Blair was taking his cue from Bush, who, according to writer Dylan Matthews, lied on many counts. For instance, in October 2002, Bush claimed that Hussein possessed a “massive stockpile of biological weapons.” The CIA had, in fact, informed the policy-makers that it had “no specific information on the types or quantities of weapons agent or stockpiles at Baghdad’s disposal.”
The CIA also informed Bush that “Saddam did not have a nuclear weapon” and probably would not be able to make it until 2007-09. Bush, however, said in December 2002: “We do not know whether or not [Iraq] has a nuclear weapon.” In September 2002, National Security Advisor Condoleezza Rice claimed Iraq had purchased aluminium tubes that could only be “really suited for nuclear weapons programmes.” Matthews writes, “This was precisely the opposite of what nuclear experts at the Energy Department were saying; they argued that not only was it very possible that the tubes were for non-nuclear purposes but that it was very likely they were too.”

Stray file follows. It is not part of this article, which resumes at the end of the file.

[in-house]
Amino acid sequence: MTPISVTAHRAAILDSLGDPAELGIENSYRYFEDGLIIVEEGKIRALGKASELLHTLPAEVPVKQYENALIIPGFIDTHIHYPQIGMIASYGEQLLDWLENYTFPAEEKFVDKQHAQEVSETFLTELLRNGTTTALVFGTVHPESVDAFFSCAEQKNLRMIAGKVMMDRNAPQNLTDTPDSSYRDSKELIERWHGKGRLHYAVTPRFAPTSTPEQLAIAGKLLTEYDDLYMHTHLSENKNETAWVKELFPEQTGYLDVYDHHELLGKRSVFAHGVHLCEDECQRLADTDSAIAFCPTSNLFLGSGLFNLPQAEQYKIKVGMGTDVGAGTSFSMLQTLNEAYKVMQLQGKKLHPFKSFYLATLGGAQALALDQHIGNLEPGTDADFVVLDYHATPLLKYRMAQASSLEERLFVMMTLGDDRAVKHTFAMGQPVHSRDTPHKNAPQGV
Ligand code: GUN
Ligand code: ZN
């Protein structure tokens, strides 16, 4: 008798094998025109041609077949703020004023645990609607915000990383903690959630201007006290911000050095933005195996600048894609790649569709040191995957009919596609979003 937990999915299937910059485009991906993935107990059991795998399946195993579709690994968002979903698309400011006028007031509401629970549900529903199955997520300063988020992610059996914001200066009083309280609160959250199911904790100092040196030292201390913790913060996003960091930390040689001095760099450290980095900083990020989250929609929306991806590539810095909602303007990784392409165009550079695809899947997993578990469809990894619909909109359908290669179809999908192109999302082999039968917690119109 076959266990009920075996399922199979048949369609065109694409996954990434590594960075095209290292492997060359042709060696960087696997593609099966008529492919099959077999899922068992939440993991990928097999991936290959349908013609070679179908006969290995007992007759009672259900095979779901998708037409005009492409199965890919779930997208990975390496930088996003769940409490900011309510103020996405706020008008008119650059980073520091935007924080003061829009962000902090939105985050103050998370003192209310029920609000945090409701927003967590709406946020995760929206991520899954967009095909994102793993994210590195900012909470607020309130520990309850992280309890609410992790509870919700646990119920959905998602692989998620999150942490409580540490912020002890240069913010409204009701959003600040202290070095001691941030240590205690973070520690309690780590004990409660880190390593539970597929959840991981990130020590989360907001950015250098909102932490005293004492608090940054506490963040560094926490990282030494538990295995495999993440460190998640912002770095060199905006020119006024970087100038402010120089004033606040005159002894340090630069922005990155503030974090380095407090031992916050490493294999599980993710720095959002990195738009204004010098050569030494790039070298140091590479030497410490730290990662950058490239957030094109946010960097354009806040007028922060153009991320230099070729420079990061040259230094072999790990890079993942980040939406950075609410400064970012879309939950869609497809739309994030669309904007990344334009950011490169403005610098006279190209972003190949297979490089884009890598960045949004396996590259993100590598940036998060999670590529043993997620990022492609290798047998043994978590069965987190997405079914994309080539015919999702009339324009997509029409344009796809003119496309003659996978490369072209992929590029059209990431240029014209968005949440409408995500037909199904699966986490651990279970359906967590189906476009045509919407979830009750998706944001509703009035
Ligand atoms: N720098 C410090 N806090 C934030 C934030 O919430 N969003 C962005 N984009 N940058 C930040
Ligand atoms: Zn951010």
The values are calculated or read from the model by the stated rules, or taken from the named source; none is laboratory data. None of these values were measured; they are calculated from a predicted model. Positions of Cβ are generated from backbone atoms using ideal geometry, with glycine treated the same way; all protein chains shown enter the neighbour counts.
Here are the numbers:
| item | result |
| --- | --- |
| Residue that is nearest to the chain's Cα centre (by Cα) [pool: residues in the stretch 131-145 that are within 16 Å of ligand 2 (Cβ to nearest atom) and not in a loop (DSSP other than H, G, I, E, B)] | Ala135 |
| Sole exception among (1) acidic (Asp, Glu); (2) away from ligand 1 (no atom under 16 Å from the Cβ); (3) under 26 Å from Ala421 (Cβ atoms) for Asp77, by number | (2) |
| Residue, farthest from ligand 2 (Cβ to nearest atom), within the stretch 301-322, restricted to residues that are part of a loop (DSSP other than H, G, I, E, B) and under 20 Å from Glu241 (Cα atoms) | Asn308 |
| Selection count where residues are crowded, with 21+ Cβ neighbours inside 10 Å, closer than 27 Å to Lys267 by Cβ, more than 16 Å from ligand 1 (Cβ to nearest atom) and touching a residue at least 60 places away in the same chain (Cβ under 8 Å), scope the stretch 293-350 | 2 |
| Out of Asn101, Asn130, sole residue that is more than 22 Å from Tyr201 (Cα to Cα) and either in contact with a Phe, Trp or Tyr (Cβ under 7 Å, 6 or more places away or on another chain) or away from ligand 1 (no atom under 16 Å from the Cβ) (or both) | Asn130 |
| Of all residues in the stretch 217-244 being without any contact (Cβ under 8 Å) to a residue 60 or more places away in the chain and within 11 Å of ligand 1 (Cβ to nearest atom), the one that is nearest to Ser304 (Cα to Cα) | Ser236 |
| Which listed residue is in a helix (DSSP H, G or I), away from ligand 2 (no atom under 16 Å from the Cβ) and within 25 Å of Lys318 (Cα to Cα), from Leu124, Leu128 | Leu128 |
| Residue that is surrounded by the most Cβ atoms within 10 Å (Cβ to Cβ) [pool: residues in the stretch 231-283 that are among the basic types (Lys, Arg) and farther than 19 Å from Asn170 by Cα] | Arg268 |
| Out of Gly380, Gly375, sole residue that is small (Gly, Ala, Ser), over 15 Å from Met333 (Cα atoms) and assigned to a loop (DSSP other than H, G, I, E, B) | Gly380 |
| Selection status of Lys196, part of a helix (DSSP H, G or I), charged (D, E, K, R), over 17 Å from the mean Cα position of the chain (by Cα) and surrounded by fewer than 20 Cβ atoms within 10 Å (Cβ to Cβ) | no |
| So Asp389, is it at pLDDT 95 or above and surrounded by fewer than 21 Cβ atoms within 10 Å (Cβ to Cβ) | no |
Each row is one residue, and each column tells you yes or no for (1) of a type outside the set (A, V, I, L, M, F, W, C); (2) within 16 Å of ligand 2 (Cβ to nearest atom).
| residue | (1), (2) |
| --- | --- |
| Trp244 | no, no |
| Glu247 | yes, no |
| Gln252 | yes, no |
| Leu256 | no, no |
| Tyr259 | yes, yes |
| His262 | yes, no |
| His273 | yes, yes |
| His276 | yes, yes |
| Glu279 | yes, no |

America spun lies to devastate Iraq. Its GDP per capita in 2018 was $5834, down from the high of $10,326 in 1990, the year before the US-led coalition launched Operation Desert Storm to expel Iraqi troops from Kuwait. To better appreciate Iraq’s downslide, note that India’s GDP per capita was, in 2018, around $2009, a steep climb from the low of $367 in 1990.
The story of Iraq needs to be retold to warn against America engaging in chicanery against China to retain its status as a superpower none can challenge. Trump should be reminded that before he seeks damages from China, his country needs to compensate for the unjust war it imposed on Iraq, and bring to trial Bush and Blair who lied to kill Iraqis in numbers far greater than what the Novel Coronavirus has until now.
The author is an independent journalist. The views are personal.